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Fractal measures in activity patterns: do gastrointestinal parasites affect the complexity of sheep behaviour
Burgunder J, Petrzelkova KJ, Modry D, Kato A, MacIntosh AJJ

Gastrointestinal nematodes are known to be one of the most economically important parasites in livestock production. In order to test whether fractal analysis of behaviour can be used as a diagnostic tool for detection of infected animals, we investigated fractal patterns in the behavioural activity of domestic sheep (Ovis aries) in relation to strongylid infection. Temporal dynamics in activity patterns of 20 sheep were recorded at high resolutions using tri-axial accelerometer loggers attached to the neck of naturally infected subjects. We measured fractal dynamics in the resultant acceleration time series, divided into periods of activity and inactivity, using several fractal methods and tested the prediction that temporal complexity in the activity patterns of infected control sheep and experimentally dewormed sheep should differ. Detrended fluctuation analysis (DFA) revealed that sheep behaviour sequences were characterized by long-range correlations, meaning that acceleration fluctuations are not random but depend on long-term activity events. Generalized linear mixed models built to test for the effect of deworming on fractal estimates showed that the temporal organization of sheep activity varies with the status of strongylid infection. Our results indicate that sheep treated with anthelmintics exhibited a higher complexity in their activity sequences than parasitized sheep, suggesting that organizational patterns of their behaviour change with gastrointestinal parasite infection. Thus, we provide evidence for the potential utility of fractal methods in behavioural welfare monitoring.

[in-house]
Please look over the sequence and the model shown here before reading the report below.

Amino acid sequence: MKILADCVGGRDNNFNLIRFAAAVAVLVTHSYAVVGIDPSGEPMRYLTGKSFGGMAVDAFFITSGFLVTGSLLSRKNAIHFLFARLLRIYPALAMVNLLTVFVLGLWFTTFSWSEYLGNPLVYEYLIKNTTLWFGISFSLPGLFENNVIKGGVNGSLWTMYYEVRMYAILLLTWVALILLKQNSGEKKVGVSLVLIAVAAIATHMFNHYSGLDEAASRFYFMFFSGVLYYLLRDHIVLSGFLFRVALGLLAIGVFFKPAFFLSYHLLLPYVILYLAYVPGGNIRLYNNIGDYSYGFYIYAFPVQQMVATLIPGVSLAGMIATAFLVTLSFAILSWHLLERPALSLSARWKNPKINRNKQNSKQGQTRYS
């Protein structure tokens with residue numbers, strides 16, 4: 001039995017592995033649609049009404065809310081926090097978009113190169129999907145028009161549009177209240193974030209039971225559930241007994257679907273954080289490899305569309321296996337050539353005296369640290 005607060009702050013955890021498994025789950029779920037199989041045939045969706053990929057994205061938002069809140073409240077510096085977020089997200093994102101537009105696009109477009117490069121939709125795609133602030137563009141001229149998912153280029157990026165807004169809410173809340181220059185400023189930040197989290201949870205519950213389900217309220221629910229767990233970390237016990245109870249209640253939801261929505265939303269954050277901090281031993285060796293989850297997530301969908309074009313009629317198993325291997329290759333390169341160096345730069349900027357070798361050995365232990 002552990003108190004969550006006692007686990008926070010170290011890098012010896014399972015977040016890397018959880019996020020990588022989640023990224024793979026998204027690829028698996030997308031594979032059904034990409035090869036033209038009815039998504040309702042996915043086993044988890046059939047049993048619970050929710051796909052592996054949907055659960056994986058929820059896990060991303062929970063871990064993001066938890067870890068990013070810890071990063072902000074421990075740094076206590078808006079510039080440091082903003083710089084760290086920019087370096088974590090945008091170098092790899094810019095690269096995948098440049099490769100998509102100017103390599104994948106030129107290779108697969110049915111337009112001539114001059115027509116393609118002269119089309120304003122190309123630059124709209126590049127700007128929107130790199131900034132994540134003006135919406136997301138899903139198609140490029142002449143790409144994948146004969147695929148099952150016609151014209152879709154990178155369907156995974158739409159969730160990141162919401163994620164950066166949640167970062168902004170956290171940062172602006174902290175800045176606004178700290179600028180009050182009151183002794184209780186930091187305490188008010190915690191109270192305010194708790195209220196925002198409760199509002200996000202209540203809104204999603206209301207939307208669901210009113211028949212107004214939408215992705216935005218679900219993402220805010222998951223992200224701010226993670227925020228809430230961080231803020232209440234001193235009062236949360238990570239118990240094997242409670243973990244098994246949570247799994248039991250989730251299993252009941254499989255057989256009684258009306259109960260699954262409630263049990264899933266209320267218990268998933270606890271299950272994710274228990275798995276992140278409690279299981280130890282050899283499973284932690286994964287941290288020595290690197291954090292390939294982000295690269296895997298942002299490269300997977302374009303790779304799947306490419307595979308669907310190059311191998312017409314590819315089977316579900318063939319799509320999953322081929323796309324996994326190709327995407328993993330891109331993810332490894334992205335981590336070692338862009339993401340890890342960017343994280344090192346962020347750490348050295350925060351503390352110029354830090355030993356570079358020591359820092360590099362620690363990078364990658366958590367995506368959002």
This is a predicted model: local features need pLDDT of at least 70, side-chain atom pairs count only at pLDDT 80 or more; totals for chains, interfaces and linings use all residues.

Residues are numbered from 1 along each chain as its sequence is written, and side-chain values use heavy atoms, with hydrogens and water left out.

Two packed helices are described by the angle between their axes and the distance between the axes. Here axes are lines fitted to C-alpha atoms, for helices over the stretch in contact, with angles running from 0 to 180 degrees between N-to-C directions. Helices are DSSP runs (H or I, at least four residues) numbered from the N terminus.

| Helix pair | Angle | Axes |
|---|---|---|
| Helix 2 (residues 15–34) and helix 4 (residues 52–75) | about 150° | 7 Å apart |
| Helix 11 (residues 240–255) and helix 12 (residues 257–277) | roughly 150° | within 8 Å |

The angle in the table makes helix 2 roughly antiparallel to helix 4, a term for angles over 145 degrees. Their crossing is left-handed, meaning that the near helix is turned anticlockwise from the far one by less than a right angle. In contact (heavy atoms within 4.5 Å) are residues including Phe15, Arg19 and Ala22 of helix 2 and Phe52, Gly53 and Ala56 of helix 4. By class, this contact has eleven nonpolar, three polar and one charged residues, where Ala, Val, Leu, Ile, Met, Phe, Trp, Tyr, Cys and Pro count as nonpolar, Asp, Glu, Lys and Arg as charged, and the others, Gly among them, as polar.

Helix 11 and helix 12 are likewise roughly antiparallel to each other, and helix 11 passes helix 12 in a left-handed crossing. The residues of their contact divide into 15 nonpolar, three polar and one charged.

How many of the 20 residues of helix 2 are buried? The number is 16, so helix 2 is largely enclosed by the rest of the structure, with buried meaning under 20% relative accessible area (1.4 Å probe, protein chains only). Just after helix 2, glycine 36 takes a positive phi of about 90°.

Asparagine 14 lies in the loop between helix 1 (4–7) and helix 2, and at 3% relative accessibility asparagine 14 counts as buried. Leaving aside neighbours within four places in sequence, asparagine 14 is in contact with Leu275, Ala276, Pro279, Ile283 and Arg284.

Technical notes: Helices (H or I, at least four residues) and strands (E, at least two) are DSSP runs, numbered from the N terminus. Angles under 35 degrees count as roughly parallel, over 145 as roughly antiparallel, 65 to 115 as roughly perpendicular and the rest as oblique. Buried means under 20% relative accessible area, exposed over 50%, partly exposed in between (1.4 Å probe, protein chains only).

Bibliographic information

Appl Anim Behav Sci. DOI: 10.1016/j.applanim.2018.05.014
2018/07/04 Primate Research Institute